Hackszine reader IraqiGeek writes:
I made an application that uses libusb-Win32 and PPJoy to map the Sony Sixaxis into a windows joystick with the accelerometers working and mapped.
Unfortunately, the gyro on my sixaxis seems to be faulty. So, while the code is already there to read the gyro data, it can’t be used for anything.
The installation process is not exactly the shortest, but I’ve made a step-by-step how-to describing it.
I did a little digging and there are a couple of other noteworthy SIXAXIS hacks. In addition to IraqiGeek’s driver, there is another Windows SIXAXIS driver that people are using with some success. I also was able to find a third Windows driver which contains full source, in case you want to do something more interesting than play games.
Speaking of more interesting, there also exists an open source library for Linux. If you check out the above video, you can see that a gumstix embedded computer is using the SIXAXIS input to control a number of servos.
The six R/C servos are connected to a Gumstix board with built-in Bluetooth module. Inertial measurements from the SIXAXIS are received directly through a PF_BLUETOOTH socket (not through the joystick API, due to HID descriptor issues). Heuristics explicitly discriminate between two types of motion (rotation or translation).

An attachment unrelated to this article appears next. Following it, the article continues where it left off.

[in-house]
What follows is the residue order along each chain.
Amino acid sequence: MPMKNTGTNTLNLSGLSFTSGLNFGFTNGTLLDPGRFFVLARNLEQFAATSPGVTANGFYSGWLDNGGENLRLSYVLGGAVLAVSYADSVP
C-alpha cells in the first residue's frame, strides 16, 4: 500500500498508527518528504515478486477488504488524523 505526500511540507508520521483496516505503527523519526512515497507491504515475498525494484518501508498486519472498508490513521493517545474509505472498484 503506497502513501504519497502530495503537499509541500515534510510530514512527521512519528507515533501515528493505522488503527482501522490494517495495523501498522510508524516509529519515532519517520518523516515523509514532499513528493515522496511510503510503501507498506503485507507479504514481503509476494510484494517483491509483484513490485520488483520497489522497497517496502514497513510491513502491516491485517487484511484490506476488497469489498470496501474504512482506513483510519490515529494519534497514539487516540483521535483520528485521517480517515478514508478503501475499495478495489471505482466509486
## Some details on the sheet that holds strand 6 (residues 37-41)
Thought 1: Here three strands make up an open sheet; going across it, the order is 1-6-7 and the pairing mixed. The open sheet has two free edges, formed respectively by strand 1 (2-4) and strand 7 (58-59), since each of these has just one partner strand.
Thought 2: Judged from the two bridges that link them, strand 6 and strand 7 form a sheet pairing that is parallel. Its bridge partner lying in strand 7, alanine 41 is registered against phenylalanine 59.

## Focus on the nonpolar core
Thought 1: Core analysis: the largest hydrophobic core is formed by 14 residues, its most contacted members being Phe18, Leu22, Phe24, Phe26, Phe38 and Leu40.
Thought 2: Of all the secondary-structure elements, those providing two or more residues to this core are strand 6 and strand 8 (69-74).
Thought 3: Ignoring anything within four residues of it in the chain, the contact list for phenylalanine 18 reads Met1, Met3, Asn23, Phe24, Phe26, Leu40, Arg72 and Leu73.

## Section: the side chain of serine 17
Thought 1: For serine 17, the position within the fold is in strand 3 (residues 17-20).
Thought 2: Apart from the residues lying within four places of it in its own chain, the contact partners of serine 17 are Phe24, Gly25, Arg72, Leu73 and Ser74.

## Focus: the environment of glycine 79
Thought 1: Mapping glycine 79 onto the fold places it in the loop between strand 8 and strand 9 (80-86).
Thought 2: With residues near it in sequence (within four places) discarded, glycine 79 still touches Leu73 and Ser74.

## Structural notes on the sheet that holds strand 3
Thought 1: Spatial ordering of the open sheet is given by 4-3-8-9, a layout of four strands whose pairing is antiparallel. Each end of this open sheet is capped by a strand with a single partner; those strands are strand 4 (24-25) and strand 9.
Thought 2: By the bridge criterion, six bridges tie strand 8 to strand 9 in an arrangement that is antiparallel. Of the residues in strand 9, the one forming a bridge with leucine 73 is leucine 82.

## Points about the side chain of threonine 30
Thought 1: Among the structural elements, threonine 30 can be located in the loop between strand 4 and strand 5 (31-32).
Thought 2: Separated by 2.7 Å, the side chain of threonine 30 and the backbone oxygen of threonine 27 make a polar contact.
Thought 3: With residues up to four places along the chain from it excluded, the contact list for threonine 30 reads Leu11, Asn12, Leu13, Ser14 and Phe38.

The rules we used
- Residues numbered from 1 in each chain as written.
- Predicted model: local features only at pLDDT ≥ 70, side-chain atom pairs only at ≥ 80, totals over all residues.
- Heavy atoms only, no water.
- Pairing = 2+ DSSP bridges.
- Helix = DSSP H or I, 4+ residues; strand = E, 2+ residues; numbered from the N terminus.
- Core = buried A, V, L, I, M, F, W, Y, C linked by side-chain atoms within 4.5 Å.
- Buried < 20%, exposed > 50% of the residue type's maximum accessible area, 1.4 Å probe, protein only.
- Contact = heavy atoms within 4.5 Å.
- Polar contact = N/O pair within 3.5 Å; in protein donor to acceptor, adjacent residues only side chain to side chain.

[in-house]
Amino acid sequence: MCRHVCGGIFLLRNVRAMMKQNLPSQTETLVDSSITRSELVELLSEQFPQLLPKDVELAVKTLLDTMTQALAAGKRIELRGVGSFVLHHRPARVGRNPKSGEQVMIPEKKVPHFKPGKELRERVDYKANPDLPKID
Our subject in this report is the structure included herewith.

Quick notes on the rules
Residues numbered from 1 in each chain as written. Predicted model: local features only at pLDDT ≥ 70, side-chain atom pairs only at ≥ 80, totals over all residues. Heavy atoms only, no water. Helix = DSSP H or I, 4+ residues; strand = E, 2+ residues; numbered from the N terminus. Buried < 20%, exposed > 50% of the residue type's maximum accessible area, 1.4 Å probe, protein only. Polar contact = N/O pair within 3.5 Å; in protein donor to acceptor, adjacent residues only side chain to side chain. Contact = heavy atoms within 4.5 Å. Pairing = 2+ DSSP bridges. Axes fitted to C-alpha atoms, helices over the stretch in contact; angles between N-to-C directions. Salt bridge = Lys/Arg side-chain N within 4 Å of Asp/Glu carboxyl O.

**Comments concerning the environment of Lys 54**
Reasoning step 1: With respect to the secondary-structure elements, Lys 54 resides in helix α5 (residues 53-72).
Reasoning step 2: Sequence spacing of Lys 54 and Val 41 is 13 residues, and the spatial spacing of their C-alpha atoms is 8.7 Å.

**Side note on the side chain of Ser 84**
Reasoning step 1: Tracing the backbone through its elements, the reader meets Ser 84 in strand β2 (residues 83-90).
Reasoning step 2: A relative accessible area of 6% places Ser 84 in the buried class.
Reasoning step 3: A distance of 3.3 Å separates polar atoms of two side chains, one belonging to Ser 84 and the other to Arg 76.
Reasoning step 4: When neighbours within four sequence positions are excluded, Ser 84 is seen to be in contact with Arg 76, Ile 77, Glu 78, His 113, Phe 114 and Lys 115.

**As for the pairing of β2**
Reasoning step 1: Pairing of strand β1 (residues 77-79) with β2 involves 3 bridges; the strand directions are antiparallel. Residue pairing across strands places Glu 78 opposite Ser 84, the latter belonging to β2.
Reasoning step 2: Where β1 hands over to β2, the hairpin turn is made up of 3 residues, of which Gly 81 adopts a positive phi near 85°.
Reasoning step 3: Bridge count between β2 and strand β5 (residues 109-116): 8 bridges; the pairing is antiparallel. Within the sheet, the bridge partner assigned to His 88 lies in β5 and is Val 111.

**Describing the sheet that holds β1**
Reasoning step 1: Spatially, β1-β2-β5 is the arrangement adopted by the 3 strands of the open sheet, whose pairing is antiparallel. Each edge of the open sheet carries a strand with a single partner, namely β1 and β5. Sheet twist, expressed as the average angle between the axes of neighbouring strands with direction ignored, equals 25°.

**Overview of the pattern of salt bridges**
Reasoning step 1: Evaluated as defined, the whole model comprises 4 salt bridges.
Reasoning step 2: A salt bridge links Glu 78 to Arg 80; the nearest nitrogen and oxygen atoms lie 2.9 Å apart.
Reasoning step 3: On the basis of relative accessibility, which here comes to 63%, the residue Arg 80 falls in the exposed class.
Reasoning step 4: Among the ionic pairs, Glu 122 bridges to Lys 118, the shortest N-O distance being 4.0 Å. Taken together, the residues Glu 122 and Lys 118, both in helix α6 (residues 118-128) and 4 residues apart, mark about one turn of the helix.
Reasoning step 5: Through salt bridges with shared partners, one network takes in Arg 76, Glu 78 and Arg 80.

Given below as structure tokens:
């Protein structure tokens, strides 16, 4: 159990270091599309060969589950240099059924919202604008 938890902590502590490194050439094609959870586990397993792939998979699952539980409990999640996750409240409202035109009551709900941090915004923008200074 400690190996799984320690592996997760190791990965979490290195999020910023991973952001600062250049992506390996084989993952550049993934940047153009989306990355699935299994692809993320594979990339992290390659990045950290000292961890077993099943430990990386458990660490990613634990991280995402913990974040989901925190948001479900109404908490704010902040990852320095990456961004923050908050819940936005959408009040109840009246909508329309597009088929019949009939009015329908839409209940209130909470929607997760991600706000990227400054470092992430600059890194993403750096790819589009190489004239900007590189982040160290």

The author was even able to use this setup to control a small helicopter. Pretty cool stuff, I must say.
Anyone know if the SIXAXIS sensor data can be easily polled with an Arduino? Maybe this could be a be a cheap option for a 6DOF IMU.
Using the PlayStation 3 controller in Bluetooth mode with Linux – Link
SixAxis source driver for Windows – Link
Use your SIXAXIS on Windows (ps3sixaxis_en.exe)- Link
WinSIXAXIS (IraqiGeek’s libusb/PPJoy driver) – Link
5 thoughts on “SIXAXIS hacks”
This is really cool. They should have something like this for other OSes too. Virtualization software usually works pretty well, but if the kernel is designed to run natively within another operating system, there will be far fewer problems.
If the desire is to break Microsoft’s strangle hold on the world’s P.C.’s, this is not the way to do it.
I’d have to agree with KJ3. The upside to this software is that Windows users can now feel like there’s no need to switch to Linux, as they can have Linux on their system too!
The downside is when your POS Windows OS gets infected or BOSDs and takes out everything with it, it’ll take out everything with it – including your new psuedo-Linux.
The only thing I could see this as being useful for, is running ‘nix on your work computer – but then, most companies have pretty strict policies about what you can and can’t install…so…
This is about as useful as a chocolate fireguard.
Surely you’re better off running Linux and using Wine if you *have* to run a bloody windows app!
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